What is Career Counseling?
Your career development is a lifelong process that, whether you know it or not, actually started when you were born! There are a number of factors that influence your career development, including your interests, abilities, values, personality, background, and circumstances. Career Counseling is a process that will help you to know and understand yourself and the world of work in order to make career, educational, and life decisions.
Career development is more than just deciding on a major and what job you want to get when you graduate. It really is a lifelong process, meaning that throughout your life you will change, situations will change, and you will continually have to make career and life decisions. The goal of Career Counseling is to not only help you make the decisions you need to make now, but to give you the knowledge and skills you need to make future career and life decisions.
What can I expect?
Your Career Counselor WILL:
- Help you figure out who you are and what you want out of your education, your career, and your life.
- Be someone for you to talk to about your thoughts, ideas, feelings, and concerns about your career and educational choices, who will help you sort out, organize, and make sense of your thoughts and feelings.
- Help you identify the factors influencing your career development, and help you assess your interests, abilities, and values.
- Help you locate resources and sources of career information.
- Help you to determine next steps and develop a plan to achieve your goals.
Your Career Counselor WON’T:
- Tell you what to do, or tell you what you should major in or what career you should pursue.
- Advise you in course selection or scheduling.
Who needs Career Counseling?
Since career development is a lifelong process, Career Counseling can be appropriate for anyone, including freshmen, sophomores, juniors, seniors, and even alumni. The earlier you get started making intentional decisions about your future, however, the better prepared you will be! We recommend that all freshmen come in and visit with a Career Counselor.
Below are some examples of concerns that bring students to Career Counseling:
Exploring Career and Major Options
- “I have no idea what I want to do with my life.”
- “I don’t know what to major in.”
- “I’ve narrowed it down to a couple career options, but I’m having a hard time choosing between them.”
- “I know what I want to major in, but I have no idea what I want to do once I graduate.”
- “I know what I want to do, but I’m not sure what the best major would be.
- “I want to know what kinds of jobs I can get with my major.”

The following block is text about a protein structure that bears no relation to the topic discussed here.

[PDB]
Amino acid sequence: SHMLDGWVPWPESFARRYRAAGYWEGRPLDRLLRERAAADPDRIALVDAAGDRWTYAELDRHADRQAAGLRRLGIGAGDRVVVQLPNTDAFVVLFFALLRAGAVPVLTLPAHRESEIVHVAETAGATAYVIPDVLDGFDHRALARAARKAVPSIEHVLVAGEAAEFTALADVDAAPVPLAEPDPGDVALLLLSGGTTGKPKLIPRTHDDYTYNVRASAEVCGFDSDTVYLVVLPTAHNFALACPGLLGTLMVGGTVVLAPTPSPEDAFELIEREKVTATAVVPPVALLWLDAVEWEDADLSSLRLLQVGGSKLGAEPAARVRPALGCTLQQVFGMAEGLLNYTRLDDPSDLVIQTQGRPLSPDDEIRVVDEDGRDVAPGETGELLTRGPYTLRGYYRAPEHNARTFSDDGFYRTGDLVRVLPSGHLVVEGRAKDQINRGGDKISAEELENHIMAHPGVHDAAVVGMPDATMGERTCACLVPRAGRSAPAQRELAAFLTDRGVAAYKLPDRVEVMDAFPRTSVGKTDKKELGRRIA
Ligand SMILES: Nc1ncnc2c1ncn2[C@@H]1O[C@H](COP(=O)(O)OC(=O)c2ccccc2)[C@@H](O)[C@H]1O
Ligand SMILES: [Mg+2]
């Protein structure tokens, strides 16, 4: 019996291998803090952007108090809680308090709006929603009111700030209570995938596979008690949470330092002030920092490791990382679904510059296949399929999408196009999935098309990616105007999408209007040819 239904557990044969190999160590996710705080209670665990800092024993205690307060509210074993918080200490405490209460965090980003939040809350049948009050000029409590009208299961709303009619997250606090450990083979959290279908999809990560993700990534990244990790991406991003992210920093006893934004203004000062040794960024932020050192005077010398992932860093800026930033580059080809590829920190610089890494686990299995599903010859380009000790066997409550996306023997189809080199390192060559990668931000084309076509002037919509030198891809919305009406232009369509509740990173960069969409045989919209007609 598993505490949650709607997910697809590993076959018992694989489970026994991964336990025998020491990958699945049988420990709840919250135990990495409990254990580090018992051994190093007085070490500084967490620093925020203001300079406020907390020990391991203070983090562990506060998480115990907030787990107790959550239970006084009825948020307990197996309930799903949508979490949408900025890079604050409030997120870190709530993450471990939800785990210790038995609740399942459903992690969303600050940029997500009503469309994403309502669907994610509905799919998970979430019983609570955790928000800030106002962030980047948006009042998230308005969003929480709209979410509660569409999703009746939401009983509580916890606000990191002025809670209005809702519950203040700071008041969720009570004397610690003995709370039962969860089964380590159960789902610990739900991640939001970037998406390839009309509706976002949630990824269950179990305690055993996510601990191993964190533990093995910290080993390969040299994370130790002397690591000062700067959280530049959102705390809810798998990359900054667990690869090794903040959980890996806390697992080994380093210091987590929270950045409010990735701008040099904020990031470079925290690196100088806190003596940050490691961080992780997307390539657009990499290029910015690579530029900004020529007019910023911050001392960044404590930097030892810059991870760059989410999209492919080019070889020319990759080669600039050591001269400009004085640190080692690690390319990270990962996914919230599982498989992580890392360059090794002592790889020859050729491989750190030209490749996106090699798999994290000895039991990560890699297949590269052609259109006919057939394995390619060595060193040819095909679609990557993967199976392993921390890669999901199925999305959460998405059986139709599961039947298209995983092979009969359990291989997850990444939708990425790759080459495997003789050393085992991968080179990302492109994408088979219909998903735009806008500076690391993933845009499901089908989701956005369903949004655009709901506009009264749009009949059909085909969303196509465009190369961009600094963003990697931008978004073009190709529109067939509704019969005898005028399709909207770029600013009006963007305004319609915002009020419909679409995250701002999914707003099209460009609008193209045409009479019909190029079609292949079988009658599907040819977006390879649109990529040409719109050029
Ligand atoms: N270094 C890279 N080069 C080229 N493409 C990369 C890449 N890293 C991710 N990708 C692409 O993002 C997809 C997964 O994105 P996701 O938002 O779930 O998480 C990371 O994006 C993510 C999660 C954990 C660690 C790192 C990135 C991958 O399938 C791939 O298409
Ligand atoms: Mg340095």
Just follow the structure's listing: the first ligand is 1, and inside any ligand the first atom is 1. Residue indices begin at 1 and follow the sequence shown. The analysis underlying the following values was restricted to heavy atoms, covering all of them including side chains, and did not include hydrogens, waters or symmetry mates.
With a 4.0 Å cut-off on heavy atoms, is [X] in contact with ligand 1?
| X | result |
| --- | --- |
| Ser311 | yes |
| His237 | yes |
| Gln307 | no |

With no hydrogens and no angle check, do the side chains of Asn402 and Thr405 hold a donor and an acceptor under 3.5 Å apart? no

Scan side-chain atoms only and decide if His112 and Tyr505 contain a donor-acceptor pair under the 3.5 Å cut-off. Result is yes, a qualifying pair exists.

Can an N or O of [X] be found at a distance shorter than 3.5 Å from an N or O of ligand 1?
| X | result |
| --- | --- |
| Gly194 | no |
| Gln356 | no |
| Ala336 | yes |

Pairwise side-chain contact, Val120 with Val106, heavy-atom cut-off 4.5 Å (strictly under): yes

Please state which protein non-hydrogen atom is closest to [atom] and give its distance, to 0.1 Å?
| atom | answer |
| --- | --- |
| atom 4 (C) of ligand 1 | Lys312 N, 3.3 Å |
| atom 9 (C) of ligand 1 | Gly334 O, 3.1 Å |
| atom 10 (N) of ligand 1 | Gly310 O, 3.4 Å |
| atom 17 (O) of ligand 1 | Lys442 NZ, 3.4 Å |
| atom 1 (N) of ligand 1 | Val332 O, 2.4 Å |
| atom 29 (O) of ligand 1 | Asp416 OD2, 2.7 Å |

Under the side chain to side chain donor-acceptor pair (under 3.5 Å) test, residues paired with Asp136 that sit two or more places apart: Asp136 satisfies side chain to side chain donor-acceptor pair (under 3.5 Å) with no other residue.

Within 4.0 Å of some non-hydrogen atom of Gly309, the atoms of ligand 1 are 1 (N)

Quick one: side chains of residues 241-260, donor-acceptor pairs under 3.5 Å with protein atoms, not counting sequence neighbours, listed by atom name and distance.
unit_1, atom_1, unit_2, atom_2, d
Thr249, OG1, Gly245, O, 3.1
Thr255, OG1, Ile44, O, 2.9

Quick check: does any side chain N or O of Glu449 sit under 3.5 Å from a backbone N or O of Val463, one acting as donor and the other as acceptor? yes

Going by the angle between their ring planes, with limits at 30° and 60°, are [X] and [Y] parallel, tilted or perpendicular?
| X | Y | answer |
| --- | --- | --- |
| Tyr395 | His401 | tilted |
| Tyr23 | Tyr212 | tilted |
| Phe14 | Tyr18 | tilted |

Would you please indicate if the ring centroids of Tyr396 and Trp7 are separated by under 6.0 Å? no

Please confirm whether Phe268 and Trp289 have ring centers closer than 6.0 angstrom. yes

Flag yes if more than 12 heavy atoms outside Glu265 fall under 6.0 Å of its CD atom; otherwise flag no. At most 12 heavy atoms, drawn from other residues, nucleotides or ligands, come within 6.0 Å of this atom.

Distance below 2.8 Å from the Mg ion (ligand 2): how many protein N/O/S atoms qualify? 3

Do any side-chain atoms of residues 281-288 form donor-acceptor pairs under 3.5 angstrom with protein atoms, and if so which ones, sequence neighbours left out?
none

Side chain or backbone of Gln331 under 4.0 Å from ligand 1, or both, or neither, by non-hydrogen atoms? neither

- “I don’t feel like I know enough about all the different careers out there to know what I want to do.”
- “I like a lot of different subjects, and I keep changing my major because I’m not sure which one is the best for me!”
- “I don’t like any of my classes and none of the majors seem really appealing to me.”
- “I have a lot of work experience and I want to find a new career path that will build on the skills I already have.”
- “I was planning on going into the _______ program, but I applied and didn’t get in. What do I do now?”
- “I always thought I wanted to be a _______, but I got into my major and I really don’t like it!”
- “I really like my major, but it’s not what I want to do for my career.”
- “I know what type of work I’d like to do, but I’m afraid I won’t be able to make enough money doing it.”
- “My family really wants me to be a _______, but I’m not sure if that’s really what I want.”
- “I’ve always planned on being a _______, but I’m wondering if it’s only because that’s all I know.”
- “I want to find a field to go into where there will always be plenty of jobs.”
- “I want to find a career that will allow me to provide significant financial support for my family.”
- “I’m working towards my career, but I think I might just really want to be a stay-at-home parent.”
- “I’ve always planned to stay in Boise, but to do what I’d like to do I’d have to move.”
- “I can’t find a job, so I’m thinking about going to grad school.”
Who is a Career Counselor?
The Career Services staff member assisting you holds a masters degree and has expertise in career development theory, counseling techniques, administration and interpretation of assessments, and career information resources. Career Counselors have masters degrees in Counseling or Career Counseling.
Your job search/ career attainment process is also a critical aspect of your career development, and therefore, Job Search Advising and Career Counseling are intertwined. Your Career Counselor is also fully trained to assist with all aspects of your job search.